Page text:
Book Image

Effective Robotics Programming with ROS - Third Edition

By : Anil Mahtani, Luis Sánchez, Aaron Martinez, Enrique Fernandez Perdomo
Book Image

Effective Robotics Programming with ROS - Third Edition

By: Anil Mahtani, Luis Sánchez, Aaron Martinez, Enrique Fernandez Perdomo

Overview of this book

Building and programming a robot can be cumbersome and time-consuming, but not when you have the right collection of tools, libraries, and more importantly expert collaboration. ROS enables collaborative software development and offers an unmatched simulated environment that simplifies the entire robot building process. This book is packed with hands-on examples that will help you program your robot and give you complete solutions using open source ROS libraries and tools. It also shows you how to use virtual machines and Docker containers to simplify the installation of Ubuntu and the ROS framework, so you can start working in an isolated and control environment without changing your regular computer setup. It starts with the installation and basic concepts, then continues with more complex modules available in ROS such as sensors and actuators integration (drivers), navigation and mapping (so you can create an autonomous mobile robot), manipulation, Computer Vision, perception in 3D with PCL, and more. By the end of the book, you’ll be able to leverage all the ROS Kinetic features to build a fully fledged robot for all your needs.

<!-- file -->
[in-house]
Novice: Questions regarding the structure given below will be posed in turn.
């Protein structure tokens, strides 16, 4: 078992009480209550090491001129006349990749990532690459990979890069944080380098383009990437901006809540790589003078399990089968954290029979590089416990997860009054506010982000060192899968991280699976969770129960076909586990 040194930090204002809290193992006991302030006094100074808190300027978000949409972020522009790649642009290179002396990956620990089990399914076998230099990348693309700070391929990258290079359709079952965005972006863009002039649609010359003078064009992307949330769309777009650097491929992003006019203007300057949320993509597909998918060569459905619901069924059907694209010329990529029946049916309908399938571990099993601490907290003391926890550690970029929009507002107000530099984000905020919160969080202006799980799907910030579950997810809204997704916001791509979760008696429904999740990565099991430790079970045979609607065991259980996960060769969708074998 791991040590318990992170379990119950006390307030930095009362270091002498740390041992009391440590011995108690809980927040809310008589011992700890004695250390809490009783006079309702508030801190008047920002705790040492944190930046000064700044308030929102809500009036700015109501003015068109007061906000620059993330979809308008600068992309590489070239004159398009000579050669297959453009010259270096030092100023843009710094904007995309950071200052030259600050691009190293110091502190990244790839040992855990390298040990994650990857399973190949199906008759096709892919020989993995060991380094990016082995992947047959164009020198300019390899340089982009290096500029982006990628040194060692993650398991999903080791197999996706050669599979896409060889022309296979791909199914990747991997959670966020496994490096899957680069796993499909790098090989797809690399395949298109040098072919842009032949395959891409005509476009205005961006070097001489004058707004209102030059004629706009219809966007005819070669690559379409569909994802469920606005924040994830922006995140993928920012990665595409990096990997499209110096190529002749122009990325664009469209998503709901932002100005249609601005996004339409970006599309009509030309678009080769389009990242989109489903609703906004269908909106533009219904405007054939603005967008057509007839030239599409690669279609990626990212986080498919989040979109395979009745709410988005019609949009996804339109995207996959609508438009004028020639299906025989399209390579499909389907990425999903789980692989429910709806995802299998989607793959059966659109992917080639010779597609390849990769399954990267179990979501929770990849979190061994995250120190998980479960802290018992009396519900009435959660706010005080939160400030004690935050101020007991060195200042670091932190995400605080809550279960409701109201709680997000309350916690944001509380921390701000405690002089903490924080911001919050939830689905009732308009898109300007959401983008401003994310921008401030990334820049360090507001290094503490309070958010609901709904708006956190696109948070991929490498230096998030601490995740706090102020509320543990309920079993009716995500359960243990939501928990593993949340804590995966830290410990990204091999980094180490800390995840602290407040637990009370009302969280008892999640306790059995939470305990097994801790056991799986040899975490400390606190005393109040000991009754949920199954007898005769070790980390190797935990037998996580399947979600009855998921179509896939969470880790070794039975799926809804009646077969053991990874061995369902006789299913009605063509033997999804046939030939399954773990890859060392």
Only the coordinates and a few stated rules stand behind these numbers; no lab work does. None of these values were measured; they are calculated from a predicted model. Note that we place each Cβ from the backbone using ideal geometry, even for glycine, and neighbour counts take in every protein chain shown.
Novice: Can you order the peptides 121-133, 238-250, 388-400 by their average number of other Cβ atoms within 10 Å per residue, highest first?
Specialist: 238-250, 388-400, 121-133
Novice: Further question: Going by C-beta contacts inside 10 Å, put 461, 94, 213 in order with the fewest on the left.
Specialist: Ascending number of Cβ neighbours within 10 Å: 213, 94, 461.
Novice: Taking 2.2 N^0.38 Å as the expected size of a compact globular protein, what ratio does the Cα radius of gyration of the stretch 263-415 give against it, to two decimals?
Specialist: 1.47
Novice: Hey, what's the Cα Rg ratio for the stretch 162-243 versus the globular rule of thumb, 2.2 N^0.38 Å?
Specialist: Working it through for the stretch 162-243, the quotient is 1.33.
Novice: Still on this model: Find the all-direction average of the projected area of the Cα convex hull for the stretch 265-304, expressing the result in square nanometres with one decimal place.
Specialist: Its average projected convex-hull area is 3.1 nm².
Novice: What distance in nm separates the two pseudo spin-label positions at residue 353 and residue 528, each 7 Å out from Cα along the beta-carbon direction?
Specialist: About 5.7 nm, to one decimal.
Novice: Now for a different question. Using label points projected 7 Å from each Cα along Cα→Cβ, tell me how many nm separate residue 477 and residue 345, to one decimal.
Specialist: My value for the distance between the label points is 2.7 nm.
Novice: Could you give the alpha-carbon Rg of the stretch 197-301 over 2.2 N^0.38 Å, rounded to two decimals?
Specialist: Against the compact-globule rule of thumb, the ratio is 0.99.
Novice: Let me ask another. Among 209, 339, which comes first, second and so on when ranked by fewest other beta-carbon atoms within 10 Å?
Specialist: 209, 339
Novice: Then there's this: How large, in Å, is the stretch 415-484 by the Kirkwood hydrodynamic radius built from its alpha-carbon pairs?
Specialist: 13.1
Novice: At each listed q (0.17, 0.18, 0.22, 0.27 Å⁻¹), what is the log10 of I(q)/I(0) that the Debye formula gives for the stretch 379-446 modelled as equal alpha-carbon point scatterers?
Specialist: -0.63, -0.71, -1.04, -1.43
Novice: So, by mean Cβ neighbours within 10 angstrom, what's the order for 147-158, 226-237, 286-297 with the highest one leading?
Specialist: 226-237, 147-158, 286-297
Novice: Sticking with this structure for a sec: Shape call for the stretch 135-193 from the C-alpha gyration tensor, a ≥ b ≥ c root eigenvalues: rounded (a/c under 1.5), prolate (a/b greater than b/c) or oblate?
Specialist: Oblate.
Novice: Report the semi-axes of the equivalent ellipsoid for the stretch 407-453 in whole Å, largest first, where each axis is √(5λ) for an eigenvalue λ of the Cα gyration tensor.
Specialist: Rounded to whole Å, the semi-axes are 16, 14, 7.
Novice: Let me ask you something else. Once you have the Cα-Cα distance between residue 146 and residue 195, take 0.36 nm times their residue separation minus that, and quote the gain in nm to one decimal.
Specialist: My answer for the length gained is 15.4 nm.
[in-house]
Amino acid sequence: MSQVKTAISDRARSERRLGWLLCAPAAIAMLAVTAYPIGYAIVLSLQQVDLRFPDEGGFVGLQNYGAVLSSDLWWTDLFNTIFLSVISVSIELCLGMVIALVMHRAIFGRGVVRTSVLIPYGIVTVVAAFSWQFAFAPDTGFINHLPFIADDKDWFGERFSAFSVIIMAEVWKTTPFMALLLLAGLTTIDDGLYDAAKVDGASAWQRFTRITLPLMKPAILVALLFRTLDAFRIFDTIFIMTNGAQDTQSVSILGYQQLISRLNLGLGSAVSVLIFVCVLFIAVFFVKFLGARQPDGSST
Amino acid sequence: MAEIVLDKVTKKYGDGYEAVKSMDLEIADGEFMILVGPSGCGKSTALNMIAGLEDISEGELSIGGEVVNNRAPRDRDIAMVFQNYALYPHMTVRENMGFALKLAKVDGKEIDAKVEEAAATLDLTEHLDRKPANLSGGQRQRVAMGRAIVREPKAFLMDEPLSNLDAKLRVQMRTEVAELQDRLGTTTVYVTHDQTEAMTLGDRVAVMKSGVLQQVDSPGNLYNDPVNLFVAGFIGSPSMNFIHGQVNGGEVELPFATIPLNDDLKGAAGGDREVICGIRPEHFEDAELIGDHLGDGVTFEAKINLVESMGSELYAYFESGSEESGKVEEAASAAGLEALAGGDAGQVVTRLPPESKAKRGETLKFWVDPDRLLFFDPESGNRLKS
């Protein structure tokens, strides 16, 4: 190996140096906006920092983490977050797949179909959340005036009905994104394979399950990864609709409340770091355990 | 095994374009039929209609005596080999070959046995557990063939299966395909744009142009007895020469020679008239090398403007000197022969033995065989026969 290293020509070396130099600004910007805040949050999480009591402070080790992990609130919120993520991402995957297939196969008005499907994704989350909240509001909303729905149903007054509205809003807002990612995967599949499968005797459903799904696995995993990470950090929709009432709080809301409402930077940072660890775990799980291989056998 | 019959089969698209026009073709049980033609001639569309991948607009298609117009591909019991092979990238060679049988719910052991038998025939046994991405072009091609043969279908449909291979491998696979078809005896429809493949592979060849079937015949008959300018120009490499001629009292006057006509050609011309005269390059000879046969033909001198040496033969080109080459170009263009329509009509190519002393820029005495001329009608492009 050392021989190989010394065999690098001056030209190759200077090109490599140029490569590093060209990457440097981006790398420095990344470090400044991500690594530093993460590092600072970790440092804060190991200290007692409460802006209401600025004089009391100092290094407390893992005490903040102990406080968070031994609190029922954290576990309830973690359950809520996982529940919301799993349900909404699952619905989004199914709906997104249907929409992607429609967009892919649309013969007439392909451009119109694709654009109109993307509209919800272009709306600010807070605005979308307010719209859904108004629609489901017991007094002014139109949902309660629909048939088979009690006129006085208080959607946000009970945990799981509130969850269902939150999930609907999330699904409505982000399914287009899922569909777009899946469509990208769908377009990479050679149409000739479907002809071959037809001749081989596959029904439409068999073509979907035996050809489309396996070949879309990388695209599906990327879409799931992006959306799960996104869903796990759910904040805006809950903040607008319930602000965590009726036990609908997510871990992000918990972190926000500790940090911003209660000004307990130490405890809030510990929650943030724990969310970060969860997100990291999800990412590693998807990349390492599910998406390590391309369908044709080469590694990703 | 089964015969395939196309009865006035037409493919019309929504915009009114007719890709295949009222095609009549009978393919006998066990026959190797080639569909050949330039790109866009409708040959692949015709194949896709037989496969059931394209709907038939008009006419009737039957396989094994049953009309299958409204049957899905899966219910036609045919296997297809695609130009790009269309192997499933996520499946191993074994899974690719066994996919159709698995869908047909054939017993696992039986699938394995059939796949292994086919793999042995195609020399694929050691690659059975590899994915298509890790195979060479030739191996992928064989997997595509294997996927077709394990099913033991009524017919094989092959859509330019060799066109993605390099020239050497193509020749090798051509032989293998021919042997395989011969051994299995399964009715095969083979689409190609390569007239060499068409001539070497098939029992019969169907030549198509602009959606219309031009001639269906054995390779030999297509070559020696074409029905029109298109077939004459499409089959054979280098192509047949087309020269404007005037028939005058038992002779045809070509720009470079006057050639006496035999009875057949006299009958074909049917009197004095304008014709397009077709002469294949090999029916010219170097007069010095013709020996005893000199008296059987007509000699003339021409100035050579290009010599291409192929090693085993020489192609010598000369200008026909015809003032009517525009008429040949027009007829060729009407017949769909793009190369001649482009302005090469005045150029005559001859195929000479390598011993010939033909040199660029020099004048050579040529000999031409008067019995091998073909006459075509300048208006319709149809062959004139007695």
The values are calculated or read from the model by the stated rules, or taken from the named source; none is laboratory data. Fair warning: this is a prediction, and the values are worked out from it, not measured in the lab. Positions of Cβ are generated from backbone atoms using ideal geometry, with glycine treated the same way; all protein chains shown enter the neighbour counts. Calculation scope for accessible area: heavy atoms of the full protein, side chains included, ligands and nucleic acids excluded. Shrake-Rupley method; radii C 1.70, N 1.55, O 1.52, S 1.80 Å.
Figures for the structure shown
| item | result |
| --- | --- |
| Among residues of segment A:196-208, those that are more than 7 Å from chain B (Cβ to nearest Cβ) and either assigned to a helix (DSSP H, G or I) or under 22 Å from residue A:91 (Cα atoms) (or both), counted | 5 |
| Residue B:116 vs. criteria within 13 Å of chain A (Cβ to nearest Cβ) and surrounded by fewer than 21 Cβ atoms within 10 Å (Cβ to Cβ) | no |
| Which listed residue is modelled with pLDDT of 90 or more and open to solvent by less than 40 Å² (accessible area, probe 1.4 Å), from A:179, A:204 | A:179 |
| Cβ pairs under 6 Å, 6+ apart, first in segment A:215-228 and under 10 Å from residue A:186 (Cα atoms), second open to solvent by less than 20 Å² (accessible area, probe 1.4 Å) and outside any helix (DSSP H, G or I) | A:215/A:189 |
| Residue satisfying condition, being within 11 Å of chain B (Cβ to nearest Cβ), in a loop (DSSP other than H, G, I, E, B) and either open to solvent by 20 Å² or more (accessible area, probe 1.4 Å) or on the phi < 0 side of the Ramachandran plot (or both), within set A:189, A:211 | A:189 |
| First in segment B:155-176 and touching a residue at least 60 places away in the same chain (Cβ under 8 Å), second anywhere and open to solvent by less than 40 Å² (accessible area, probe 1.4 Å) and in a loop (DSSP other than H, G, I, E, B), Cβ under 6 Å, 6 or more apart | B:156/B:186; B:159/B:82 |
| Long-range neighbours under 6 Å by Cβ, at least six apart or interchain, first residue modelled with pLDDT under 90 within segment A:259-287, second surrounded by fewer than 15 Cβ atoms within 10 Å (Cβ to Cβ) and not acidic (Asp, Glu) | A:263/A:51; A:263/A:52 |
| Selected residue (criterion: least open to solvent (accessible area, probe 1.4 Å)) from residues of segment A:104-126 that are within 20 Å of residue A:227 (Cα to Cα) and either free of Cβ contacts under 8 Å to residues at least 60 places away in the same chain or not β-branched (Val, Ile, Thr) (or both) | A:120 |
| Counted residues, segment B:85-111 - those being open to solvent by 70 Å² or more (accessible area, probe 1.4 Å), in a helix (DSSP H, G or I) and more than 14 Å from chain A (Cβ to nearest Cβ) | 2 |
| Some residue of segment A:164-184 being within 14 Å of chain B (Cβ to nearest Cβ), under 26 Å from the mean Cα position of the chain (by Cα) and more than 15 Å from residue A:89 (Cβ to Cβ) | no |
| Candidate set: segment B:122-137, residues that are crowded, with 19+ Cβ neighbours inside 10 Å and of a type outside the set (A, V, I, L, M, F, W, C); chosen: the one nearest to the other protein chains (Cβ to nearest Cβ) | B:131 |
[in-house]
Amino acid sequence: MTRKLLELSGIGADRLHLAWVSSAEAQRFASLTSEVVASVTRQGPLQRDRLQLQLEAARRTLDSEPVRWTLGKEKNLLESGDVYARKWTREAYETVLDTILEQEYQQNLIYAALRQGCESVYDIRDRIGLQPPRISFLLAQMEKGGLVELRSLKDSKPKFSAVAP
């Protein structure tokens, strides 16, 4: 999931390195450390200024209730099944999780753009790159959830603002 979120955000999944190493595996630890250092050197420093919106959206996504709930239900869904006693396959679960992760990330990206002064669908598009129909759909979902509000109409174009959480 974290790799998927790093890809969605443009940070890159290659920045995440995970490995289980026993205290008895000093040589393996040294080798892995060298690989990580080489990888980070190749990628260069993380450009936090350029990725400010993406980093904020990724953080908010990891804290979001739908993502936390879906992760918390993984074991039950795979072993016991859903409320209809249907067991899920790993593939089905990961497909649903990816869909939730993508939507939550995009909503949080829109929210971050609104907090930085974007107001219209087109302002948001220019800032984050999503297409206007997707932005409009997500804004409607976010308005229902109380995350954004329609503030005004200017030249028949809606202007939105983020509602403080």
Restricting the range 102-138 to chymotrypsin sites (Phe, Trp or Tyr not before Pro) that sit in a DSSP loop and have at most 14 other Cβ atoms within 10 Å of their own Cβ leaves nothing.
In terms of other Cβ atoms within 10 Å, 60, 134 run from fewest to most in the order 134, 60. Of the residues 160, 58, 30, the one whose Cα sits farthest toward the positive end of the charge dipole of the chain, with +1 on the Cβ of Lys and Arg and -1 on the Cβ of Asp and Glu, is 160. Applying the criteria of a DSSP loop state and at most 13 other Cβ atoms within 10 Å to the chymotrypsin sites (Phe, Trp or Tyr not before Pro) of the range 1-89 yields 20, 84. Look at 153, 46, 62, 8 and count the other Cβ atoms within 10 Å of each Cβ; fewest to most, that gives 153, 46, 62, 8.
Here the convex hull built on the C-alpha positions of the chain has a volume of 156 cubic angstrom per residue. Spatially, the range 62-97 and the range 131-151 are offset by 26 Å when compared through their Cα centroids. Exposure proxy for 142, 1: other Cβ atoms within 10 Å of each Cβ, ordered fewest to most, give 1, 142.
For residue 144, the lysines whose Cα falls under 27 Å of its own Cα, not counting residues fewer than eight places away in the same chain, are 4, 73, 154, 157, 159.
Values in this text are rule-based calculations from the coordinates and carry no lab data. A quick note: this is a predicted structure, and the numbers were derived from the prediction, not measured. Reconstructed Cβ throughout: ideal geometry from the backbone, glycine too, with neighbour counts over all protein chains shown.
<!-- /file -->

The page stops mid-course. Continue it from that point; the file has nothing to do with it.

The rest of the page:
Table of Contents (18 chapters)
Effective Robotics Programming with ROS Third Edition
About the Authors
About the Reviewer
Customer Feedback

Chapter 2. ROS Architecture and Concepts

Once you have installed ROS, you're probably be thinking, OK, I have installed it, so now what? In this chapter, you will learn the structure of ROS and the parts it is made up of. Furthermore, you will start to create nodes and packages and use ROS with examples using Turtlesim.

The ROS architecture has been designed and divided into three sections or levels of concepts:

  • The Filesystem level

  • The Computation Graph level

  • The Community level

The first level is the Filesystem level. In this level, a group of concepts are used to explain how ROS is internally formed, the folder structure, and the minimum number of files that it needs to work.

The second level is the Computation Graph level, where communication between processes and systems happens. In this section, we will see all the concepts and mechanisms that ROS has to set up systems, handle all the processes, and communicate with more than a single computer, and so on.

The third level is the Community...